Worth reading: Pondering the best way to execute change in the education system

A B.C. blogger who has been a District Parent Advisory Council president, among other education-related roles, published a post Sunday on the difficulties of making change in the education system. Heidi Hass Gable‘s thesis in the post is that transformational change, if done using a “start fresh” approach, could jeopardize the future of a cohort of students, and that no child’s future is expendable in this way. She finds herself concerned with the aims of both sides in the teachers’ labour dispute:

Simply moving to smaller class sizes or hiring more specialist teachers won’t suddenly make our school system truly inclusive – it won’t necessarily meet the needs of our most complex and vulnerable learners. That’s the part of the BCTF’s approach that worries me the most – it lacks strategy and, I fear, threatens to entrench our system further into dysfunctional paradigms. More of what we used to have isn’t necessarily what we need now.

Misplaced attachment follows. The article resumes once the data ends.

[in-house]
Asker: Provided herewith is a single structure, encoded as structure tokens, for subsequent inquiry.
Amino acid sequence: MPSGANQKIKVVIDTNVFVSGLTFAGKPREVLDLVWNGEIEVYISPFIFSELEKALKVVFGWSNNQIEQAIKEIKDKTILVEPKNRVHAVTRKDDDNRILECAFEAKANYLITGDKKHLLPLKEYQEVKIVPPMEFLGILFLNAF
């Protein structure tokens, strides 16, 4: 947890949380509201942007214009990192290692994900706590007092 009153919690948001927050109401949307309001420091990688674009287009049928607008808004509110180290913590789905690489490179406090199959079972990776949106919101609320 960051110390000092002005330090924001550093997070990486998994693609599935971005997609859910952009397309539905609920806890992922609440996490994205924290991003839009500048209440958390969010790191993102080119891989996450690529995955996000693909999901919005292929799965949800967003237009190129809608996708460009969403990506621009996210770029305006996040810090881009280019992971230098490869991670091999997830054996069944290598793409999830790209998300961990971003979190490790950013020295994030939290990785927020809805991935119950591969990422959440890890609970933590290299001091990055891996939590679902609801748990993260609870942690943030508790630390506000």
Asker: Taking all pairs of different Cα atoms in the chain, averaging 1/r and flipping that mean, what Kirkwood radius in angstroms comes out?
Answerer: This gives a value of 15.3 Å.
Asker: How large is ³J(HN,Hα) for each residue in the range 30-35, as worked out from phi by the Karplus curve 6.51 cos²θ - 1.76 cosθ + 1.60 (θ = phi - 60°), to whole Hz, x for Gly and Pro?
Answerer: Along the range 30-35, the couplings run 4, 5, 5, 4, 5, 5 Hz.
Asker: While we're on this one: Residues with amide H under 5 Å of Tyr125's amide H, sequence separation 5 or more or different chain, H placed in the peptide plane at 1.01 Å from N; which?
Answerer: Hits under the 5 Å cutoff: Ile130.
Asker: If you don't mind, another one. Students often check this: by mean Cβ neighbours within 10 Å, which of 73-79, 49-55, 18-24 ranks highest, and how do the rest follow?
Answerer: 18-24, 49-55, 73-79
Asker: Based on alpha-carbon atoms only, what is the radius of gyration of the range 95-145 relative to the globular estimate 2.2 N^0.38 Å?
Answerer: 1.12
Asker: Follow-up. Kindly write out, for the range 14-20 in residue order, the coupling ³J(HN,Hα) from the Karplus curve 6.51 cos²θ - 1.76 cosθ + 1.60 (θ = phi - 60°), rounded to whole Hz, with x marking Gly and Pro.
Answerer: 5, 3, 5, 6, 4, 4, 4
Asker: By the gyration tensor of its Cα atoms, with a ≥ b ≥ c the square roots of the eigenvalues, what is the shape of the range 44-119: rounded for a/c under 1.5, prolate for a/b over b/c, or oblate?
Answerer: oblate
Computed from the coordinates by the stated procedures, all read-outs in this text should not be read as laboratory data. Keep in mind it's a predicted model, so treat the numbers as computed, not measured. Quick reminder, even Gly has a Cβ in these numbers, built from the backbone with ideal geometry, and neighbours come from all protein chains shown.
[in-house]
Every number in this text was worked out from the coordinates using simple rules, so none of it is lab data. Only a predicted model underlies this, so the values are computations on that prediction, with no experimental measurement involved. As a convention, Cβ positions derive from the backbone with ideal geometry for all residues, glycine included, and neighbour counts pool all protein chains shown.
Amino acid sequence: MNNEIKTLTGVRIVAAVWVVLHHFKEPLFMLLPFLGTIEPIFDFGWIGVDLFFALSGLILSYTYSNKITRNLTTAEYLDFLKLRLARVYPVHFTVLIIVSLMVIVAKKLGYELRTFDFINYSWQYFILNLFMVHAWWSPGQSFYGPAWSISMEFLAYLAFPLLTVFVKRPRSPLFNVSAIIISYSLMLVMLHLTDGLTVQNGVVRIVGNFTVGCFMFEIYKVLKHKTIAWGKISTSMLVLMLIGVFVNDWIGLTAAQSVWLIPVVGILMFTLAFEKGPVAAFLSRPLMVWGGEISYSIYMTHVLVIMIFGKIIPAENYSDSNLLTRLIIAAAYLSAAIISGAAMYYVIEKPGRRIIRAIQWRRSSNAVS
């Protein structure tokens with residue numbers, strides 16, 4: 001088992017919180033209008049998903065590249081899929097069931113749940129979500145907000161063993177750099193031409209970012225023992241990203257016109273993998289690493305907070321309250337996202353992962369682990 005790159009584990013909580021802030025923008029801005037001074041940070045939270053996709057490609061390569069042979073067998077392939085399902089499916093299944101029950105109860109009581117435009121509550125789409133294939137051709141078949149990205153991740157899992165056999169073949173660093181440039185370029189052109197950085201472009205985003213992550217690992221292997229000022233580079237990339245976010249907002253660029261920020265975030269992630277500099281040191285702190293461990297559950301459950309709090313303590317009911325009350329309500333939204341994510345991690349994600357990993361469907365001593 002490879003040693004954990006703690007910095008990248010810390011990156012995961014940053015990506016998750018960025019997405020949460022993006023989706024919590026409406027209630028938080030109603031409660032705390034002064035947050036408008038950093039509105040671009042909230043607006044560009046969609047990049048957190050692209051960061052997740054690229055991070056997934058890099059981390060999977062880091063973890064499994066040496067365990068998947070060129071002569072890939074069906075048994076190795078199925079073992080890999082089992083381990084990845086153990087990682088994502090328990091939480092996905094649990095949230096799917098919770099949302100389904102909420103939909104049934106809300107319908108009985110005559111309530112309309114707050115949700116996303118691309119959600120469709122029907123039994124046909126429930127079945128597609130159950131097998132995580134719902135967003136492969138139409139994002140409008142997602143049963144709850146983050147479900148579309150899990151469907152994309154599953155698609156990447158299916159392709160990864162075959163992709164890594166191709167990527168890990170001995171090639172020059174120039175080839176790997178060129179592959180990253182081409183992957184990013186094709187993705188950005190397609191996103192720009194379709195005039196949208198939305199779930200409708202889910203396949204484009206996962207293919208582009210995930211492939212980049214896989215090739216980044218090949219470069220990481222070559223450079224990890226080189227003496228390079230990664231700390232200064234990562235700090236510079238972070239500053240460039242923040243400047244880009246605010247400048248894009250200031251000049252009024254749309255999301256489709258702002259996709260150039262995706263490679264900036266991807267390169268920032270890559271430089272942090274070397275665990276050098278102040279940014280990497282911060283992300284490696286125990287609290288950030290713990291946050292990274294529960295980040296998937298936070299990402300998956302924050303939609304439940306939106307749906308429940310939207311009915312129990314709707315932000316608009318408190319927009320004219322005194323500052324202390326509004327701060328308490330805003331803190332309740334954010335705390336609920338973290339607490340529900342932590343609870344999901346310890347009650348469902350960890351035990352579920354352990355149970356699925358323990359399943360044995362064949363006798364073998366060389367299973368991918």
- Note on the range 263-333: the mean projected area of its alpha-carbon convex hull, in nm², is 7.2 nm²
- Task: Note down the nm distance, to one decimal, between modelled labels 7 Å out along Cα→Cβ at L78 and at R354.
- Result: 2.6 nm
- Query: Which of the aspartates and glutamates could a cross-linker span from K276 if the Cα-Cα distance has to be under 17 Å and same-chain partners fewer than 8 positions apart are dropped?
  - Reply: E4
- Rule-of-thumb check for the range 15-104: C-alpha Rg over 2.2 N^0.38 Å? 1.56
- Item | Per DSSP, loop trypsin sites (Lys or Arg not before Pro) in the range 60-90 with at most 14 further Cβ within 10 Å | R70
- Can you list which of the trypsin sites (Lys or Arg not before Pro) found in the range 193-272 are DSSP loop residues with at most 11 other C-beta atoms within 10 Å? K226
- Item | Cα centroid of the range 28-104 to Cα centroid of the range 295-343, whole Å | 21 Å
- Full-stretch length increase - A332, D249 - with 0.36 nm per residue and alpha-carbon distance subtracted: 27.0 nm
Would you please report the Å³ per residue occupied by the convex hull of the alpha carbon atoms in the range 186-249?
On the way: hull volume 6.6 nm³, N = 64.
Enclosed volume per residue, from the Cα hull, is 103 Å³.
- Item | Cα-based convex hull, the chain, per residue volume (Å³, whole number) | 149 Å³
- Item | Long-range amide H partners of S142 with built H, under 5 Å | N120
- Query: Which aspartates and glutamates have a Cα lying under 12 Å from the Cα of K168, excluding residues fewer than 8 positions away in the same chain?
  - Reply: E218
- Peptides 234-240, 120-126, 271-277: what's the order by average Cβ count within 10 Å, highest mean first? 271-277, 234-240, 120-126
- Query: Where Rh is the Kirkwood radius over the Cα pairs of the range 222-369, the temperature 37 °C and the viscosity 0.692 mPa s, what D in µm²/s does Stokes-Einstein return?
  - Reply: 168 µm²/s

We need to see both an investment in education AND we need thoughtful, focused strategies for using that money to meet the needs of all students! How would we do that?

We need a clear focus and commitment (or we need to demand this) from government on a transition that doesn’t “throw away” kids who need more help in the meantime. We need leadership in setting our “direction” as inclusive (first and foremost) AND personalized/relevant – and the planning/funding to match.

Read the rest of her argument via the link below.

I was thinking…

I’ve been pondering change in education quite a lot – for many years. I’ve been a parent of three wonderful (and non-neurotypical) kids in the public system for twelve years now. I was DPAC president for almost six years. I’ve been on Ministry and District advisory committees.